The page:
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The Modern Waltz: A German Dance with English Glamour

The Modern Waltz is a dance of the heart. It comes from the soul, due to its sentimentality. “The Waltz” is a very German dance despite its strong English influence - and it is also very romantic.  In the Modern Waltz, rather than trying to conquer the room, the couple wants to dip into an eternal space.

 A Detailed History of the Slow Waltz

 The Slow Waltz grew out of the Austrian/German Viennese Waltz, which in England until 1914, was danced only in the English High Society. With the outbreak of the First World War, the predominantly Austrian waltz orchestras had to leave - and they virtually took “their” Viennese Waltz with them. This had fatal consequences for the Viennese Waltz, and it  literally disappeared from the scene in England and in Germany. The Viennese Waltz was almost dead until 1929. Only in its country of origin, Austria, did it continue to bloom as a folk dance and survived in this form for many decades until it was revived.

 In the meantime its younger relative, the Slow Waltz, established itself. This dance is supposed to have developed from the “Boston”, a dance which by 1912 had almost completely edged out the Viennese Waltz.  It would be more correct to say that both dances have the same origin. By the time the Slow Waltz arrived in the USA and in Boston, it had already adapted a great deal from its older brother. A new basic step was developed, with the characteristic open and closed change forwards and backwards of the Boston, with turns and hesitating steps. It took a few years before this new variant of waltzing became widely accepted. In England, the Foxtrot with its passing steps had just become en vogue. This step also greatly influenced the Slow Waltz. From the original character of the Viennese Waltz there was hardly anything left.

 The English reformed and regularised almost everything danceable in 1921. At the “Great Conference,” made up of several smaller conferences, the Waltz was on the agenda. At the third conference in October 1921 it was unanimously agreed that the Waltz was to be danced in the closed pose. From now on, the closed change, the right turn and the left turn were firmly established as the basic figures. Open changes would only be accepted in exceptional cases. To counteract any mix-up between the Foxtrot and the new "Modern" Waltz, the passing changes were banned. The big difference between the old and the new waltz is that the Modern Waltz needs much more space for its turns. The Modern Waltz is therefore a very spacious dance and also a (German) turning dance. This combination of old and new is typical for the progressive English style and continues to characterise the Modern Waltz today.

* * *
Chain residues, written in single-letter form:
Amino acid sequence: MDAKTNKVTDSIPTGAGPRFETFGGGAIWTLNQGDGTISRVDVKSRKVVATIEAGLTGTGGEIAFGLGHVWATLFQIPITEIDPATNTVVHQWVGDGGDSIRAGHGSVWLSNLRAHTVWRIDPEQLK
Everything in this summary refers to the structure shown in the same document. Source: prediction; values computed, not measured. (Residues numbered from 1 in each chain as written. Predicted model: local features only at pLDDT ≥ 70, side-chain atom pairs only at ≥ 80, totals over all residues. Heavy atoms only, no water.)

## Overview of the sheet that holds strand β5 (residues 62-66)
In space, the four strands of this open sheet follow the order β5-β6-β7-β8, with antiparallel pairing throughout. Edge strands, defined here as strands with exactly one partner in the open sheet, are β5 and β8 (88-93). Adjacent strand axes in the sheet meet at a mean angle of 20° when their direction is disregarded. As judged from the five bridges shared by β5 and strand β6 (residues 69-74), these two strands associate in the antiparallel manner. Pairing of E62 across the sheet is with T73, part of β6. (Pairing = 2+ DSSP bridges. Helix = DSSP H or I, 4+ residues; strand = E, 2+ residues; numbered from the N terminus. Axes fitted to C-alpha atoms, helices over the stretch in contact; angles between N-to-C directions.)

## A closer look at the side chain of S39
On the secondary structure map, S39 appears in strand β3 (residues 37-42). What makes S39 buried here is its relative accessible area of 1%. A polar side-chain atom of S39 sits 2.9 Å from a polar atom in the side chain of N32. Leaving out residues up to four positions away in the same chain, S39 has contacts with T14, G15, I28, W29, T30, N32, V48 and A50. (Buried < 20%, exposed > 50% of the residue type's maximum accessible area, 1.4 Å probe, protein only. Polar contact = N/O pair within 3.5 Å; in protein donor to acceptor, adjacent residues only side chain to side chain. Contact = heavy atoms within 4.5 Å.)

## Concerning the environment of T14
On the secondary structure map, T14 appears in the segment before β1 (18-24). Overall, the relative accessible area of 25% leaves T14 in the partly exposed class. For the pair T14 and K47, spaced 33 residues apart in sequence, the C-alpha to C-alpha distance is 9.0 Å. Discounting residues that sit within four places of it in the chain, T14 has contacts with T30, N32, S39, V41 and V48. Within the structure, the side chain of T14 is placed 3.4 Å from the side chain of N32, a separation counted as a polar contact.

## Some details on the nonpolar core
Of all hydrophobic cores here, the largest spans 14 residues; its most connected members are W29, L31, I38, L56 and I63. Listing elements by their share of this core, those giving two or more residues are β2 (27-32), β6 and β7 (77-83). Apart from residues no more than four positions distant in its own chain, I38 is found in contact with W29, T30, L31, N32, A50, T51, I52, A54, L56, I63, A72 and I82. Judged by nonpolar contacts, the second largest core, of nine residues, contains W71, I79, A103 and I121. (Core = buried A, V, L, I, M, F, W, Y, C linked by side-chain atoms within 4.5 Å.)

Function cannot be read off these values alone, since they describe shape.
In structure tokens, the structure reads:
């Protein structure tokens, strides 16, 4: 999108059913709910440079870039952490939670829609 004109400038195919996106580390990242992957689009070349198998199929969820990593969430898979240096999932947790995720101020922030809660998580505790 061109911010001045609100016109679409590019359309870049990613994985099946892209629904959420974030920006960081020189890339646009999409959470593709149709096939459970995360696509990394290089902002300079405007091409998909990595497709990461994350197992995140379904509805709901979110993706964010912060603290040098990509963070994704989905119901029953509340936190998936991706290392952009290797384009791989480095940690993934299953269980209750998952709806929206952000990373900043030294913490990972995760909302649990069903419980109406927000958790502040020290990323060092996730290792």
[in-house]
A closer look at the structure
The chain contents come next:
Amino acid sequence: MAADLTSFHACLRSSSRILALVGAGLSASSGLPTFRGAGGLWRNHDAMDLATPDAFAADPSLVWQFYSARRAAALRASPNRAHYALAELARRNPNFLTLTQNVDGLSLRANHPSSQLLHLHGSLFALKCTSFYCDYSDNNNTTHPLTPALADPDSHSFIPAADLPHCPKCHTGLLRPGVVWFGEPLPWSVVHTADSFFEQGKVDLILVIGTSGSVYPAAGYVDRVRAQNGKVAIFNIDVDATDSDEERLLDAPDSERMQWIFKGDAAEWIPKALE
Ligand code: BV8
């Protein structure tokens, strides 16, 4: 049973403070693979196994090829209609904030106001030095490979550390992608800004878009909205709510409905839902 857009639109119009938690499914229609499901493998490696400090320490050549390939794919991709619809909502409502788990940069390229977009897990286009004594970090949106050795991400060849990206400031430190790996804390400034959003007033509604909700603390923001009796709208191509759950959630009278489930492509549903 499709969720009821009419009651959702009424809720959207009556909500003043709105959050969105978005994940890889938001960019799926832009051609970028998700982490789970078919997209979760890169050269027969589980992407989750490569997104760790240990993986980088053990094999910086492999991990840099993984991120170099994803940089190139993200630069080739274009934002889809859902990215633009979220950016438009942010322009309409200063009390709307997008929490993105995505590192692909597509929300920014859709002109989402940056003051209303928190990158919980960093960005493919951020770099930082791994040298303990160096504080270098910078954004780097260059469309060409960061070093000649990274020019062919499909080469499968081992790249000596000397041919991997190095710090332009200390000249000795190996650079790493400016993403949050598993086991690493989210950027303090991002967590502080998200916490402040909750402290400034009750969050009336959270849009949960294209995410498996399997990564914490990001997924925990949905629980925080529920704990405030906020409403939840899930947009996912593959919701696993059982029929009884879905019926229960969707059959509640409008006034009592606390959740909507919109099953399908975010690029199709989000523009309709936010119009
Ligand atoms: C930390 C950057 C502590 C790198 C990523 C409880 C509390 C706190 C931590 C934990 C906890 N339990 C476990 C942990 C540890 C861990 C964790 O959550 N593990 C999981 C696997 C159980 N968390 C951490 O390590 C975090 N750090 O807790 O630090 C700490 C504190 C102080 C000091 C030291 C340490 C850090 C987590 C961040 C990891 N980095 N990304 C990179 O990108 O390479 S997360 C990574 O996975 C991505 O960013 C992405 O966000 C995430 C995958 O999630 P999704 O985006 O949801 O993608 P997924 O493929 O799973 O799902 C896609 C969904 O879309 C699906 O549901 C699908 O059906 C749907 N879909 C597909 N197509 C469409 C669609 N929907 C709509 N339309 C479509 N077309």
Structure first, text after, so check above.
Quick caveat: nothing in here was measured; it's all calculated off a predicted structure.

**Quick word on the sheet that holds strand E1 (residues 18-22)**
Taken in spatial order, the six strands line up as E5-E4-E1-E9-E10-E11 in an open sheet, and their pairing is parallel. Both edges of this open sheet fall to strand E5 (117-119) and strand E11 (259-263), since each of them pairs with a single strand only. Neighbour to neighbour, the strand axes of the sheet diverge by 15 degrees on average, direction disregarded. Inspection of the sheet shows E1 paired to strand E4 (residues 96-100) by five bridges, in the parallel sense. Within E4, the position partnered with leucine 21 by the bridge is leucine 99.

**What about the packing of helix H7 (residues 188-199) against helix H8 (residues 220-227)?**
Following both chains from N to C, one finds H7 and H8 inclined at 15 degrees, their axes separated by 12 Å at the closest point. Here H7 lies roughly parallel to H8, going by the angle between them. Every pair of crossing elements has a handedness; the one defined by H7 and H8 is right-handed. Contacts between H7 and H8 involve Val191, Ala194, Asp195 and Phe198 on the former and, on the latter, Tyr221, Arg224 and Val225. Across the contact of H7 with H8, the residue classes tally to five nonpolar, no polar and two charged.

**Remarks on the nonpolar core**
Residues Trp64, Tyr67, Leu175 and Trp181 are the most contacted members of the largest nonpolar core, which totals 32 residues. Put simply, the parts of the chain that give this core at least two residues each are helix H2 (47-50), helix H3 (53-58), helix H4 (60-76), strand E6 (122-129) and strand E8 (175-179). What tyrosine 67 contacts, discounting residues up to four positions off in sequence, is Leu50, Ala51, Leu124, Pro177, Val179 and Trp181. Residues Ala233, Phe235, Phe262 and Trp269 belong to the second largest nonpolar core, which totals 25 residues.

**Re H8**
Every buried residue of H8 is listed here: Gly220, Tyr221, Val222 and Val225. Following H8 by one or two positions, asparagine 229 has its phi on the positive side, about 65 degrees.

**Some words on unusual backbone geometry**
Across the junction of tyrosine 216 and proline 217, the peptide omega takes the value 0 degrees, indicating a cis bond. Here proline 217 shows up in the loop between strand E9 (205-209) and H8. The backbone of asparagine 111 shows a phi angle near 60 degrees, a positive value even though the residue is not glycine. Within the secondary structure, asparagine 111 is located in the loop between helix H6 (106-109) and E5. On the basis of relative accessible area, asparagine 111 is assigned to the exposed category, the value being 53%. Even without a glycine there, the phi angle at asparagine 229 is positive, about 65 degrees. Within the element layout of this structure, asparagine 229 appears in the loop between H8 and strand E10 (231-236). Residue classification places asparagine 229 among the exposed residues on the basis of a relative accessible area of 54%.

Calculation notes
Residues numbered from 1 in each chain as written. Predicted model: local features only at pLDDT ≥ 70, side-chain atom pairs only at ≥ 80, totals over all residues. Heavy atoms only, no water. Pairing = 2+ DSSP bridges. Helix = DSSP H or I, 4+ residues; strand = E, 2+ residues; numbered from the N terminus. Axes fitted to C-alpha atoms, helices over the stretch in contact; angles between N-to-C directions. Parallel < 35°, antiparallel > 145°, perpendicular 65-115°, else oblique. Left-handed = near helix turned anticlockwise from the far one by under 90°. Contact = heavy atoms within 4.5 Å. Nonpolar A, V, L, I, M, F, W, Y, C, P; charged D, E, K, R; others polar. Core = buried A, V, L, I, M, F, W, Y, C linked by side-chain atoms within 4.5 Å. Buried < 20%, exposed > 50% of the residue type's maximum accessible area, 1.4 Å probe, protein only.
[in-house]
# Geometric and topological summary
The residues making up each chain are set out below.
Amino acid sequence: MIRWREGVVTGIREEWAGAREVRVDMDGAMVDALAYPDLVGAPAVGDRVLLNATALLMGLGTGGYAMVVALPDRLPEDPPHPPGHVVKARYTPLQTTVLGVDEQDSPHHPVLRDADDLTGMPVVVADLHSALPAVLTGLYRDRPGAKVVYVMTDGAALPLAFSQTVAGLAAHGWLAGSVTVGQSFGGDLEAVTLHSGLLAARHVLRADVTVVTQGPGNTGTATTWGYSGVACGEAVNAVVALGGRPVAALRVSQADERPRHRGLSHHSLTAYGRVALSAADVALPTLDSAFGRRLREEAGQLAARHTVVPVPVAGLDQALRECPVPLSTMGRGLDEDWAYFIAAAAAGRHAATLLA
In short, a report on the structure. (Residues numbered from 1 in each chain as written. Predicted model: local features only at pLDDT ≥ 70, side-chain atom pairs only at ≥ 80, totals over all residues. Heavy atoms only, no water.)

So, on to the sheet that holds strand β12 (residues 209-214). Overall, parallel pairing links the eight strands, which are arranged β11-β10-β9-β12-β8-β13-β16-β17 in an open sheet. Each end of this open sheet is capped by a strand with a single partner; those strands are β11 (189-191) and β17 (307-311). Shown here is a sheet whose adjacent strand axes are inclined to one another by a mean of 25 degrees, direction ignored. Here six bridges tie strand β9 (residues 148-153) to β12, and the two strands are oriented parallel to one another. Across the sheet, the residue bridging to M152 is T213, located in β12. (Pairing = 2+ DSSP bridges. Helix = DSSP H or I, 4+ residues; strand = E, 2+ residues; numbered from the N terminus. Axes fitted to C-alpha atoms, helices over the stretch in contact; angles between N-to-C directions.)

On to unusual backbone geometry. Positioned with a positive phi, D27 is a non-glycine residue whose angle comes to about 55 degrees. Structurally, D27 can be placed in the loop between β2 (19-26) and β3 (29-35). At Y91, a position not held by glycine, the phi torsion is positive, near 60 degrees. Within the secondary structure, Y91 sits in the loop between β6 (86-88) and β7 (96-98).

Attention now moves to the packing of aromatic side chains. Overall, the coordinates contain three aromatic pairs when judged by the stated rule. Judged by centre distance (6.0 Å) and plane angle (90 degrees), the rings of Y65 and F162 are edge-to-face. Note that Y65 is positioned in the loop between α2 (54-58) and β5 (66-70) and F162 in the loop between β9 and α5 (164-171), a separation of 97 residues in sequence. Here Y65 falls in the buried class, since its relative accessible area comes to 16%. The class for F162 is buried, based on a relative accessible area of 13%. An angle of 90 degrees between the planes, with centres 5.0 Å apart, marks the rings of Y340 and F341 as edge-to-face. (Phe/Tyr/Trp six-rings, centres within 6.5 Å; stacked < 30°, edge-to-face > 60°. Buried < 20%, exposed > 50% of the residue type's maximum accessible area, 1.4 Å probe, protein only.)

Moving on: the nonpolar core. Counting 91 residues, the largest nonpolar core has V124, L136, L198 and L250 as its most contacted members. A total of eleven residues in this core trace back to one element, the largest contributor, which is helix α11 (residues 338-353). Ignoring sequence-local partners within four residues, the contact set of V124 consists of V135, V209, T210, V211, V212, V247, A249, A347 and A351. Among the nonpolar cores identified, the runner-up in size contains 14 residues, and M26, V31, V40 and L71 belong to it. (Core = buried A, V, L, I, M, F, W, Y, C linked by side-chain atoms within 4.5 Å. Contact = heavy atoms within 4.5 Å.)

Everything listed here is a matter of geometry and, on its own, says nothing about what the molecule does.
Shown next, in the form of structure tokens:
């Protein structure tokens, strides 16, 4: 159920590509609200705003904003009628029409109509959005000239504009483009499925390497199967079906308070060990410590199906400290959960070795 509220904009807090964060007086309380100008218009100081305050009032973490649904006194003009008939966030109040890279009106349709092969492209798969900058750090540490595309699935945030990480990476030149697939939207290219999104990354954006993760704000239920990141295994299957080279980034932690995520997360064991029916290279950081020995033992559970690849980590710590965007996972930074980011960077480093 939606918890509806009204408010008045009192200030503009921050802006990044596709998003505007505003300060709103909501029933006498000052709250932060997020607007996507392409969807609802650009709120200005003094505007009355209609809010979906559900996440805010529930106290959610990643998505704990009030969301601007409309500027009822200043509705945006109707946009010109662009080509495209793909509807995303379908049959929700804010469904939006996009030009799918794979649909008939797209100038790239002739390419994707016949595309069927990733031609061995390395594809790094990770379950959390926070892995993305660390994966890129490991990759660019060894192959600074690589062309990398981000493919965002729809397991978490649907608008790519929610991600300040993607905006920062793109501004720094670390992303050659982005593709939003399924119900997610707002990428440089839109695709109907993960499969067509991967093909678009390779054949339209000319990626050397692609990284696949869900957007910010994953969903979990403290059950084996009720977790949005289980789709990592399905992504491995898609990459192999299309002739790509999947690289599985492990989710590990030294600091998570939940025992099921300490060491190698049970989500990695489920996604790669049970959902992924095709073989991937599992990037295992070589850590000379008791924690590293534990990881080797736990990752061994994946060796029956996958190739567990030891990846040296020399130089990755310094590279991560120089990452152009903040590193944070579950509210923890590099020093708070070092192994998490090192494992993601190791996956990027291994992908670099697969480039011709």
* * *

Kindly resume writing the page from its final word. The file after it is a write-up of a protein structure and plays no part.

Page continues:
In 1926, the Boston, still existing in Germany at that time, was succeeded by the Modern Waltz. The second Great Conference in 1929 standardised the Modern Waltz in its final form. The classical Viennese Waltz was completely ignored at the conference. At that time the dance was still called “the valse”, as there was only one waltz for a true Englishman.

The young German dance teaching generation deliberately looked to the English, the leaders on the dancing stage. An Englishman called Victor Silvester cautiously taught the Germans the Modern Waltz.  In the new choreography around 1930, you always referred to Bradley, Silvester, Ford, Stern or Smith. These great names of the English style became more and more famous and dominated the worldwide dancing stage. Only with the end of the Second World War did the Viennese Waltz re-appear, kissed awake like Sleeping Beauty after a long sleep.

 If one were to categorize the dances of the English style according to the degree and space of their forward movement, the Tango would rank last, because its movement is always interrupted. The Slow Foxtrot and the Quickstep on the other hand, are the dances with the greatest movement. The Slow Foxtrot embodies the perfectly shaped variant of the English style. The Modern Waltz ends up exactly between the two poles “Tango” and “Foxtrot.” It combines the space-saving English way of movement with the German turning technique. On account of this, it is softer, more melting, more feminine and far from the cool, down-to-business-like Foxtrot. It is characterised by its very gentle movements and its rhythmical swings from one peak to the next. This demands maximum concentration and a highly developed sense for musical harmonies. It has been a competition dance since 1929 and part of the World Dance Program since 1963. 

 Rhythm : Step 1 always on the first beat of the bar. Generally one step per beat.

 Tempo: 30 Bars/120 Beats per minute. 

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